Ayer High School’s Don Parker sits in his office, ready for the new school year.
AYER — Don Parker is beginning his 26th year at the helm of Ayer High School.
After deciding at age 11 that he wanted to be a history teacher, Parker graduated from Worcester and Framingham state colleges with degrees in history. He then began his career at Ayer High School.
In 1973, he filled in as an interim assistant principal, and in 1981 he became the head of the school that would become his home.
“Schools are amazing places to be,” he said. “Everyday is different and I look forward to each day and each year here at Ayer High.”
There are a few physical changes one will notice on opening day at the end of August. Besides the annual cleaning, there has been some restructuring and moving of classrooms over the summer.
“We are still in the midst of the changes, but (they’re) coming along nicely,” said Parker.
Just past the baseball field behind the school you’ll find new softball fields created due to the support of the athletic boosters.
“We hope to soon be able to have the entire softball program at the school and to not have to utilize the Pirone Park fields.”
Although he did find time to travel with his family and put in some time at his gym, Parker also participated in a training on Cape Cod titled Breaking Ranks.
“It really was about what’s the best way to run a high school,” he said. “We worked on redefining the senior year experience, continually improving instruction and the common practices that occur at the best high schools around the country.”
He hopes to introduce some of the material he worked on during at upcoming staff meetings.
When asked what his plans were for the year, Parker couldn’t wait to get started.
“It’s going to be a busy year, and we have a lot of plans,” Parker said.
A huge task for the year, he said, will be the transition planning for next year’s combining of the middle school and the high school.
“We are very excited about the move. We will be able to combine and better utilize staff and create curriculum opportunities for advanced eighth-graders by having them participate in high school classes,” he said.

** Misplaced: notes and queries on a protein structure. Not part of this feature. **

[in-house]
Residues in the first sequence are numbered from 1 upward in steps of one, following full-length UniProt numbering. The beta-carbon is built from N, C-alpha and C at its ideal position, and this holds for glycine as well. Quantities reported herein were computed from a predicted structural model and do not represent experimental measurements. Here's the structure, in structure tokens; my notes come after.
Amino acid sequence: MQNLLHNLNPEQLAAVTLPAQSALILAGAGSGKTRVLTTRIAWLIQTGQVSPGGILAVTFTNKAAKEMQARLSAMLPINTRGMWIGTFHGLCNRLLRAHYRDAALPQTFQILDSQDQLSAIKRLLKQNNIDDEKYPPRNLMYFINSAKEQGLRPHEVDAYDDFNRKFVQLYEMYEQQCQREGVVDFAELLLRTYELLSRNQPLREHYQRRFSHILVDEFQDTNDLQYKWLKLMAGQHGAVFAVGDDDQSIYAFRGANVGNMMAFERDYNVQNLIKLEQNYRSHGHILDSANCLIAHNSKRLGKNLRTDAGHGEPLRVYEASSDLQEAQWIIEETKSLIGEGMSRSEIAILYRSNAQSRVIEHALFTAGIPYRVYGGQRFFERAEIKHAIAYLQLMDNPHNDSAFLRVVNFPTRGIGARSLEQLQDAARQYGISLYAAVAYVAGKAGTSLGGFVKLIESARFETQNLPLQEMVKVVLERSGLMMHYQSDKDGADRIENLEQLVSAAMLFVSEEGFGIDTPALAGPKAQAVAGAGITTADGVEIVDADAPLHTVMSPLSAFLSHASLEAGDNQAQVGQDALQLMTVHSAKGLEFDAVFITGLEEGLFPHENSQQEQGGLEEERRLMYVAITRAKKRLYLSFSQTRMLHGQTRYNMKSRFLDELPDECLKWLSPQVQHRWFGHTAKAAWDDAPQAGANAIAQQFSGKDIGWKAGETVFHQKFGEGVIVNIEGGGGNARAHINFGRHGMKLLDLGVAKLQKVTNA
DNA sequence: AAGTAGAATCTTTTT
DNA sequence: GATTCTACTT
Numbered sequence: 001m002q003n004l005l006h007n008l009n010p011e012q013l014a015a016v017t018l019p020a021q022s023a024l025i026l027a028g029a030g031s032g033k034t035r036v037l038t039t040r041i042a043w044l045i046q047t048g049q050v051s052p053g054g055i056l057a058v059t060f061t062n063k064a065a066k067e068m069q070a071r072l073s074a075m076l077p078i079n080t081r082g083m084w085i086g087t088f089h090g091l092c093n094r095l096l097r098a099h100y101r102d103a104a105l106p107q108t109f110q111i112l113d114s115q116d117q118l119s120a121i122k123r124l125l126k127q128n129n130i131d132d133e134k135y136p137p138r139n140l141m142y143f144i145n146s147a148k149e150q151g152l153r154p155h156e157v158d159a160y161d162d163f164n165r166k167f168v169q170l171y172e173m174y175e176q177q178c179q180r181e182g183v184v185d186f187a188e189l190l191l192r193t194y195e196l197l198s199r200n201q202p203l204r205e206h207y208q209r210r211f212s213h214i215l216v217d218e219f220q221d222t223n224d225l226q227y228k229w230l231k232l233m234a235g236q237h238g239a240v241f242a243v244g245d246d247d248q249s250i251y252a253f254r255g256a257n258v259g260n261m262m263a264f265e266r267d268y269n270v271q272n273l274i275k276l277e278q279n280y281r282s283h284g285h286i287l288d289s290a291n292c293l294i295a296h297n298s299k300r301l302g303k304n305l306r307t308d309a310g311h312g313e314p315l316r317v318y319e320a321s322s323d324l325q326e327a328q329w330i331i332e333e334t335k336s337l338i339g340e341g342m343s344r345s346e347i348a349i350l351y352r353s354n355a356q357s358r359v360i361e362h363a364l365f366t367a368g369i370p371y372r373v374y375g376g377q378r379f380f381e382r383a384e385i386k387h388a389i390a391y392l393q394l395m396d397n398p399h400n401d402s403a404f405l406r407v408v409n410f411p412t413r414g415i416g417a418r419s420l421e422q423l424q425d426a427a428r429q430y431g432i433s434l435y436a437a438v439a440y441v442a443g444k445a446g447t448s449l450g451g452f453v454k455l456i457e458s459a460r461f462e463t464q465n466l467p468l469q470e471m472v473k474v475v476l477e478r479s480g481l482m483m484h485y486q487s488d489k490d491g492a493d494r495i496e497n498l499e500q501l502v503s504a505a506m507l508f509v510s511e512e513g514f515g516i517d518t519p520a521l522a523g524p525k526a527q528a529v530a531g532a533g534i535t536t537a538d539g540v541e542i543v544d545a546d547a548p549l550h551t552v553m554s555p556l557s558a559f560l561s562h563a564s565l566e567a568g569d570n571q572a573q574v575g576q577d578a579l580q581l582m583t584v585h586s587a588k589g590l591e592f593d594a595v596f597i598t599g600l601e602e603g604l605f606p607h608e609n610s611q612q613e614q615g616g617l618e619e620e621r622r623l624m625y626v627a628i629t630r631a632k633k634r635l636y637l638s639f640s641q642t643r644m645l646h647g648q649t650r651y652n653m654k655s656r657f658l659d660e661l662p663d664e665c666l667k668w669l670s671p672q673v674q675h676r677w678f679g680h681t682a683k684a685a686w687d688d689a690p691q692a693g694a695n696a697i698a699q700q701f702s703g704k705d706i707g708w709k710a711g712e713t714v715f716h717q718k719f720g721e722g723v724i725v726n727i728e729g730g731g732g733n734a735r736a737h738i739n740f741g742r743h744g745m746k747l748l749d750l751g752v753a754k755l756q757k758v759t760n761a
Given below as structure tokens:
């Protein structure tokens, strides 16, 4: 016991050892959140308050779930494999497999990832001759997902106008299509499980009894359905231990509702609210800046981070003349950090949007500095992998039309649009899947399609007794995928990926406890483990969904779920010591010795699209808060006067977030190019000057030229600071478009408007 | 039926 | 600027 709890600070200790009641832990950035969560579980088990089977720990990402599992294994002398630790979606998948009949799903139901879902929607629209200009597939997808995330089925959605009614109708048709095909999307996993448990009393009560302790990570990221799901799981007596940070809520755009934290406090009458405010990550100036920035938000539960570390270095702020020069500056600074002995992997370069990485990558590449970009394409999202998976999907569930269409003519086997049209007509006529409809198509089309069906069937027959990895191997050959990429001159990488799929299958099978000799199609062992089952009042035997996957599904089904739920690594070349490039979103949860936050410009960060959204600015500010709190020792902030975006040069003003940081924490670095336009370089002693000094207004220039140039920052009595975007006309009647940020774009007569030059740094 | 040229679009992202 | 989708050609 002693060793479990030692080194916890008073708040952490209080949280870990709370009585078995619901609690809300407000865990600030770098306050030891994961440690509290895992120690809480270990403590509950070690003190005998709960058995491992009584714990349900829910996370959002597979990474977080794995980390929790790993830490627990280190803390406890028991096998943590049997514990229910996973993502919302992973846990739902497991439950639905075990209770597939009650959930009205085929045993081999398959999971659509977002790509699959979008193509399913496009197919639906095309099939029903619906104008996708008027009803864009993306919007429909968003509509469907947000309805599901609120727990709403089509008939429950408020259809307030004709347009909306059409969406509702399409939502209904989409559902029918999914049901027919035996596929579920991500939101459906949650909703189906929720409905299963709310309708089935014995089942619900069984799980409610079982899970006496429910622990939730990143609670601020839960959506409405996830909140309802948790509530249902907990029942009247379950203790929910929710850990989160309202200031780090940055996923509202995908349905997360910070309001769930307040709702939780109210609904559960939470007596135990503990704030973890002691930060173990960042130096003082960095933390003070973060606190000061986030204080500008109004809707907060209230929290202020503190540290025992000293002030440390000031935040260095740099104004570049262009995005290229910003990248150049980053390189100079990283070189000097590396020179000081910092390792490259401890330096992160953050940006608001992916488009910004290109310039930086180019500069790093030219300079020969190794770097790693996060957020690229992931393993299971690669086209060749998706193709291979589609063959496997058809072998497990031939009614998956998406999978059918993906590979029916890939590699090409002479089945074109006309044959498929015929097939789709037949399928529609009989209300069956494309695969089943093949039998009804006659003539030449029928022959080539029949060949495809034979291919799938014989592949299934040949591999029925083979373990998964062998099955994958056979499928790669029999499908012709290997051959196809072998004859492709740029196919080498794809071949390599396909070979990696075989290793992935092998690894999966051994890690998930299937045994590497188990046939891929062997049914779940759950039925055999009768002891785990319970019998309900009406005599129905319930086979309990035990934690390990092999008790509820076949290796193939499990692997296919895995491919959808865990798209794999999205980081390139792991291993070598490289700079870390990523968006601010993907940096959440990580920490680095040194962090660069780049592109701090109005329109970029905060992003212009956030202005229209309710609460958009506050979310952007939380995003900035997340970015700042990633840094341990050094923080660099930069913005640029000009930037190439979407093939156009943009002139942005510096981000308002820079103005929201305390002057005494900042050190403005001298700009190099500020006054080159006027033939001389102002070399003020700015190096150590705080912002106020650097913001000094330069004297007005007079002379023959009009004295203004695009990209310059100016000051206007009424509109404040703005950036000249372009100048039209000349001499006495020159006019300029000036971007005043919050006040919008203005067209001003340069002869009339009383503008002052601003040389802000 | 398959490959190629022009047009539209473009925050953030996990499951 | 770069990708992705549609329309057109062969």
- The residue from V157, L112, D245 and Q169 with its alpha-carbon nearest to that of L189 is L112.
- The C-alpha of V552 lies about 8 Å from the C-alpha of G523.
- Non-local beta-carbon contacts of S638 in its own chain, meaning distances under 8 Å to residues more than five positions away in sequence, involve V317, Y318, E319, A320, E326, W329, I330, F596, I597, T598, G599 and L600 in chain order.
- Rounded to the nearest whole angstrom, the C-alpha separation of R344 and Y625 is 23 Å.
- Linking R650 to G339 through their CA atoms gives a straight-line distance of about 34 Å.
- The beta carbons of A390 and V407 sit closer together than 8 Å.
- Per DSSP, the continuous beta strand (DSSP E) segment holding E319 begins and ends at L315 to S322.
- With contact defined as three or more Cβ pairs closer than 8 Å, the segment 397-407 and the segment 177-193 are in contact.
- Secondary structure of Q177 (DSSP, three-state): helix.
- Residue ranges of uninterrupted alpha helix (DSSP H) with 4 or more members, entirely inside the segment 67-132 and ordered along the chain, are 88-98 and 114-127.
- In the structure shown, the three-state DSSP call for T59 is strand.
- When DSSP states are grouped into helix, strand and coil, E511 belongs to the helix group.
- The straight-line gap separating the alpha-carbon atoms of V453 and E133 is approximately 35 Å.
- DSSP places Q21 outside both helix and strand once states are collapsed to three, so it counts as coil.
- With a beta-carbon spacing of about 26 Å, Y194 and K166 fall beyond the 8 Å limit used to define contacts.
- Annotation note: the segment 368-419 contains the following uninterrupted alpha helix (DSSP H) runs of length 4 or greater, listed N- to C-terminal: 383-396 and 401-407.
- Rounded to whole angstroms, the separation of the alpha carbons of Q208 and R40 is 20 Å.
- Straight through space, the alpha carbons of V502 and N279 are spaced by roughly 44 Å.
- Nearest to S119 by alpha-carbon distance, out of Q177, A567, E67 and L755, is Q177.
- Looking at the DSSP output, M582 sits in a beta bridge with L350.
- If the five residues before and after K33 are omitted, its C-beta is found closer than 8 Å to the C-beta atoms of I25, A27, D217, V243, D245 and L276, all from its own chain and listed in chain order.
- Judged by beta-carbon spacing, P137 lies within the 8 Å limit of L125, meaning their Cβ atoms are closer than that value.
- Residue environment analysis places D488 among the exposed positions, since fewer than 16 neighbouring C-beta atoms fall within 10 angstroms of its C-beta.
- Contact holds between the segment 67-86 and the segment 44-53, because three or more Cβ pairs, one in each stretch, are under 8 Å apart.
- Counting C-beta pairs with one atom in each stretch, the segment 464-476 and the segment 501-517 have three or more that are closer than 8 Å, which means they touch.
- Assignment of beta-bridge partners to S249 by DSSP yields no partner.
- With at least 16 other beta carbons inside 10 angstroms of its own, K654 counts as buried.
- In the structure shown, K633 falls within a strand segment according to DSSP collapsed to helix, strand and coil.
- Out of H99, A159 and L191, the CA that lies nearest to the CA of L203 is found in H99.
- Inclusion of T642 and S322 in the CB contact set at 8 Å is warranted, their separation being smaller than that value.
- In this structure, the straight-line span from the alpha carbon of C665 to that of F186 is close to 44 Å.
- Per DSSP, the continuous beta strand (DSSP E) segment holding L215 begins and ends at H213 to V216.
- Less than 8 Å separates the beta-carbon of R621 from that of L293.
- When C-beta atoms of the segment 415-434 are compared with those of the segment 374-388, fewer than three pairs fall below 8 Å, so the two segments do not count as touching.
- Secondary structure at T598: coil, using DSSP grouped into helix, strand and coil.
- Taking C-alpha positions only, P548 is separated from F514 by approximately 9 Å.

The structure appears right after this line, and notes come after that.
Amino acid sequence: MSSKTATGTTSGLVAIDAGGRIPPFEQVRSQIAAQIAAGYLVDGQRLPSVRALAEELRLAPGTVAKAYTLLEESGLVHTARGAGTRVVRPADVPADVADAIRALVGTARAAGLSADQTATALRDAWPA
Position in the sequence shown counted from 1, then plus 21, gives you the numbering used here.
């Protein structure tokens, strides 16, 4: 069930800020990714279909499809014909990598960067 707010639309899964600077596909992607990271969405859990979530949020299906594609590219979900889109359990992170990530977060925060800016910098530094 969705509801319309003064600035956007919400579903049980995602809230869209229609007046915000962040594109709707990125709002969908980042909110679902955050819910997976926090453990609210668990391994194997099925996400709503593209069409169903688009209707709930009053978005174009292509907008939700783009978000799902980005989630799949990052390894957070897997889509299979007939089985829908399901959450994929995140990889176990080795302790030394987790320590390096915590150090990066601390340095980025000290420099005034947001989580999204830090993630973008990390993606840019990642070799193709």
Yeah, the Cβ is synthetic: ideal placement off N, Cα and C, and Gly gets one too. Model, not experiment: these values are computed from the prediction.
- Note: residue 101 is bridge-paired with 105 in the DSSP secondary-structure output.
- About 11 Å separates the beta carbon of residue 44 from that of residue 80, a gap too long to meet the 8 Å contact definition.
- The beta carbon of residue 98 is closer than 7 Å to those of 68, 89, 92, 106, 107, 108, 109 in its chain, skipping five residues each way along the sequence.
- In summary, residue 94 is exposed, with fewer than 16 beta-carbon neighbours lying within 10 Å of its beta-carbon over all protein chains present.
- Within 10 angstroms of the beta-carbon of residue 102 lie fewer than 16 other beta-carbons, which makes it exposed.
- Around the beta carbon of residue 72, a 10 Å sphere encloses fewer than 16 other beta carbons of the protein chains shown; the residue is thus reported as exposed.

Committees will look at school and busing schedules, examine other model schools that have gone through this transformation, and find the best ways to bring two faculties together under Parker’s leadership.
Some other tasks this school year include creating subcommittees to start working on the accreditation process the high school will soon be undergoing, continuing to revamp the advisor/advisee program, and with the help of expert Stan Davis, instituting a systemic anti-bullying program for the district. The Ayer Education Foundation is also funding a renaissance program that will acknowledge the successes of students in the school. “This is so important,” Parker said. “We need to show our students that we are proud of all of their accomplishments.”
Parker also noted that Kit Norris, a math consultant, would continue to work with the teachers to improve the quality of math instruction. Two other programs that Parker is proud of are the senior project program and a United Way initiative. The senior project program that began last year took off with flying colors. The number of seniors who applied for this opportunity rose from 15 last year to 57 for this year.
“This program will again start in January and will involve experience placements for qualifying students,” Parker said. Student’s attendance, discipline, and academic achievements are looked at during the application process. The United Way initiative will bring mentors into the school to establish clubs that will turn into money-making businesses. “The money made from these businesses will be donated to charity,” Parker informed.
When asked how he gets mentally ready year after year, Parker said, “I am recharged and ready to go. This year will bring new teachers, new students and new parents. I am always excited about the change in dynamics and how each person will uniquely impact the school year.”
Parker considers himself lucky to be in the AHS community.
“I’ve got the best job going,” he said.